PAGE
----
From Spectravideo to MSX
By the winter of 1982/1983, Spectravideo had its hardware designed. It wasn’t quite the $100 machine that Weiss and Fox had hoped to offer, but it had become a product that could also be pitched at businesses. So two versions were devised: a basic model and one with a better keyboard and more memory.
Nishi saw in the Spectravideo core specification the basis for the home computer platform he’d been thinking about for more than a year. He began pitching the idea to the various Japanese consumer electronics companies which had also begun approaching Microsoft in order to license its version of the Basic programming language for home micros they were planning.
Among them, Sony and Matsushita - now called Panasonic, though it later released MSX computers under both its Panasonic and National brands - took a particular interest in Nishi’s notion and agreed to work closely with Microsoft to build a common platform.
An MSX prototype, said to be Kazi Nishi’s own
Source: Bruce Damer/Digibarn
Coming from the TV and hi-fi markets, these firms understood the idea of selling hardware based on recording media standards and could easily extend the concept to computers. They believed that compatibility - the way any tape deck could play any pre-recorded cassette, say - would drive sales to such a degree that there would be a market for all vendors’ kit, and there would be no need for aggressive, ungentlemanly head-to-head competition for hardware sales.
It might work out cheaper too. “Once MSX is available worldwide the manufacturers will be able to spread their development costs over a large volume of sale,” said Nishi in 1984, undoubtedly echoing conversations he’d had with hardware vendors. “The cost of developing peripherals for MSX is low because any add-on product works on more than 20 makes.”
SVI Basic subsequently became MSX Basic when the new platform’s branding had been defined. Microsoft’s deal with Spectravideo clearly made this possible and, indeed, the US-Hong Kong company was an early, enthusiastic supporter of the MSX brand and platform.
The platform Spectravideo came up with, and which was later refined by Nishi and his Japanese hardware partners, comprised the popular buy ageing 8-bit Z80A processor clocked to fractionally less than 3.6MHz. It was combined with a Texas Instruments 9918 display chip and a sound processor from General Instruments, the AY-3-8910, for eight-octave, three-channel sound routed through the connected TV’s speaker. An Intel 8255 Programmable Peripheral Interface chip handled the I/O.
Source: Bruce Damer/Digibarn
Those last three chips would, in a UK-designed micro, have been combined into a single custom silicon part called a ULA, short for “Uncommitted Logic Array”, cheaply made and, thanks to the integration, needing less motherboard space than umpteen separate chips. This was one reason why some MSX machines ended up so much pricier that many of their British rivals.
Others used the so-called MSX Engine chip, a Yamaha-made part which combined the capabilities of the GI sound chip, the Intel 8255 and other peripheral-control logic. That helped reduce costs, a little.
MSX machines also had to have 32KB of Rom for Microsoft’s Extended Basic, at least 8KB of Ram for user programs and 16KB of Ram for the video buffer. The TI 9918 chip would provide 16-colour graphics on a 256 x 192 display, though each byte’s worth of eight pixels could support only two colours; the 16-colour values were presumably stored as four-bit numbers, two per byte. Thus, 12KB for the pixel map and colour value bytes in total.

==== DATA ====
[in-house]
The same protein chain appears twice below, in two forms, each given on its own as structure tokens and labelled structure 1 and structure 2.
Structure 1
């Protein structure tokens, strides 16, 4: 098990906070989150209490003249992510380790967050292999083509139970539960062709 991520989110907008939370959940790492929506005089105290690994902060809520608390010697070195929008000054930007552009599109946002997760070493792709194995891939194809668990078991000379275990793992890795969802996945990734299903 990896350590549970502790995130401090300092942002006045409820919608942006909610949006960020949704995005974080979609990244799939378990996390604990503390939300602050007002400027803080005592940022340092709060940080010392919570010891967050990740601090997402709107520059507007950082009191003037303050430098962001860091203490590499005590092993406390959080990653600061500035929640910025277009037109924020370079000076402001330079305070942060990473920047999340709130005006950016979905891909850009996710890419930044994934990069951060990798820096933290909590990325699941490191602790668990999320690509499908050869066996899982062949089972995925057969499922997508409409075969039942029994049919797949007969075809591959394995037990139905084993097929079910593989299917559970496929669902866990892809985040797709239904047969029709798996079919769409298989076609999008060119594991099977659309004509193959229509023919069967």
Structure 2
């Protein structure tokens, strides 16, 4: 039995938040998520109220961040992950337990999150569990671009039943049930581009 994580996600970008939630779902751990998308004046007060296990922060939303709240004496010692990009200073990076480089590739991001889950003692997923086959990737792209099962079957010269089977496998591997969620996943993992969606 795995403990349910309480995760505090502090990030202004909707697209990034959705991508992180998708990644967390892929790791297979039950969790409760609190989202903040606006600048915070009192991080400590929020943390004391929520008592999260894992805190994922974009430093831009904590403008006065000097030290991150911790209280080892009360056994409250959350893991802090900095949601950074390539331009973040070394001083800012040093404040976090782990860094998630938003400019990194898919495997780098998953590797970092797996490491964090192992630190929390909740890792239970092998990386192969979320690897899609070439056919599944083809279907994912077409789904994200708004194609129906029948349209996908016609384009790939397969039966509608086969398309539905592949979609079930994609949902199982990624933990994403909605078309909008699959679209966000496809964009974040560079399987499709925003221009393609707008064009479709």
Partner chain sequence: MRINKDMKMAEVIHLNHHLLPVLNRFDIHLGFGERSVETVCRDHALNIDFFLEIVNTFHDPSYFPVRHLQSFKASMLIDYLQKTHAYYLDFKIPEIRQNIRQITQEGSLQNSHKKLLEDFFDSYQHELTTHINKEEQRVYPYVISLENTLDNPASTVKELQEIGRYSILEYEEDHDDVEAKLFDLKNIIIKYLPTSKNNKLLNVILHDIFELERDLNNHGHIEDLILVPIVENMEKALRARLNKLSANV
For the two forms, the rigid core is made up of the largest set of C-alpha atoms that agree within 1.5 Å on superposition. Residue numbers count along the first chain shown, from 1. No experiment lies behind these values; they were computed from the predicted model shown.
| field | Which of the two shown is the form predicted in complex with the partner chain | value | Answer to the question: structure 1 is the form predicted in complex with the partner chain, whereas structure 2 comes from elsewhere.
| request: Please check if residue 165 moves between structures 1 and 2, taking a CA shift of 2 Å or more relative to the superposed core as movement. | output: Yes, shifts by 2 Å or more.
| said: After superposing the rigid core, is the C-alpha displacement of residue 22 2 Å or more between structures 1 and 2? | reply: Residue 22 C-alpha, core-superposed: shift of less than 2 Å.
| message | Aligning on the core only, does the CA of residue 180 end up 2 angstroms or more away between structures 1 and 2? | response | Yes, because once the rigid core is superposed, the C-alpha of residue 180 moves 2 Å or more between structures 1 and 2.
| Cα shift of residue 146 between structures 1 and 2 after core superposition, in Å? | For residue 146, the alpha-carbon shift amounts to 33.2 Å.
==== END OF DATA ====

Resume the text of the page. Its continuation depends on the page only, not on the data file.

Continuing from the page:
In addition to the hi-res screen, Microsoft’s MSX Basic supported separate 40 x 24 - the bottom three rows were dedicated to on-screen labels indicting function-key assignments - and 32 x 24 text-only modes, and a low-res, 64 x 48 graphics mode. It would also allow up to 32 programmable sprites.
A cassette interface would come as standard on MSX computers, as would an Atari-style joystick port and a Rom cartridge slot.
MSX 2 Roms - basic and extended - in Nishi’s prototype
Source: Bruce Damer / Digibarn
It wasn’t just the internals that the MSX specification determined: all MSX-branded machines had to have four large cursor keys, which most of the micros placed to the right of the keyboard. There had to be ten function keys, too, typically placed above the keyboard, with the Shift key making five physical keys operate as ten. Certain function keys were to be mapped to MSX Basic commands, including
GOTO, LIST and
The Qwerty deck itself had to incorporate special Graph and Code modifier keys for graphical characters and other glyphs. Clear Screen/Home, Insert and Delete keys helped with program editing, while Select and Stop could be use within code to improve user interaction.
“Japanese policy is obvious,” wrote Max Phillips in the weekly Personal Computer News following the 27 June launch. “MSX was designed for Japan’s own home market where a lack of software was damaging the growth of home computers. MSX turns home computers into record players... the software becomes interchangeable.
“On a wider scale, MSX may give all but the UK’s top producers a hard time. Software houses will see little point in writing for non-standard machines with small user bases. With MSX, they can write one program for a whole range of machines. Sounds unlikely? CP/M offered far less compatibility [than MSX] but you’d be hard put to find a top-selling 8-bit business machine without it.”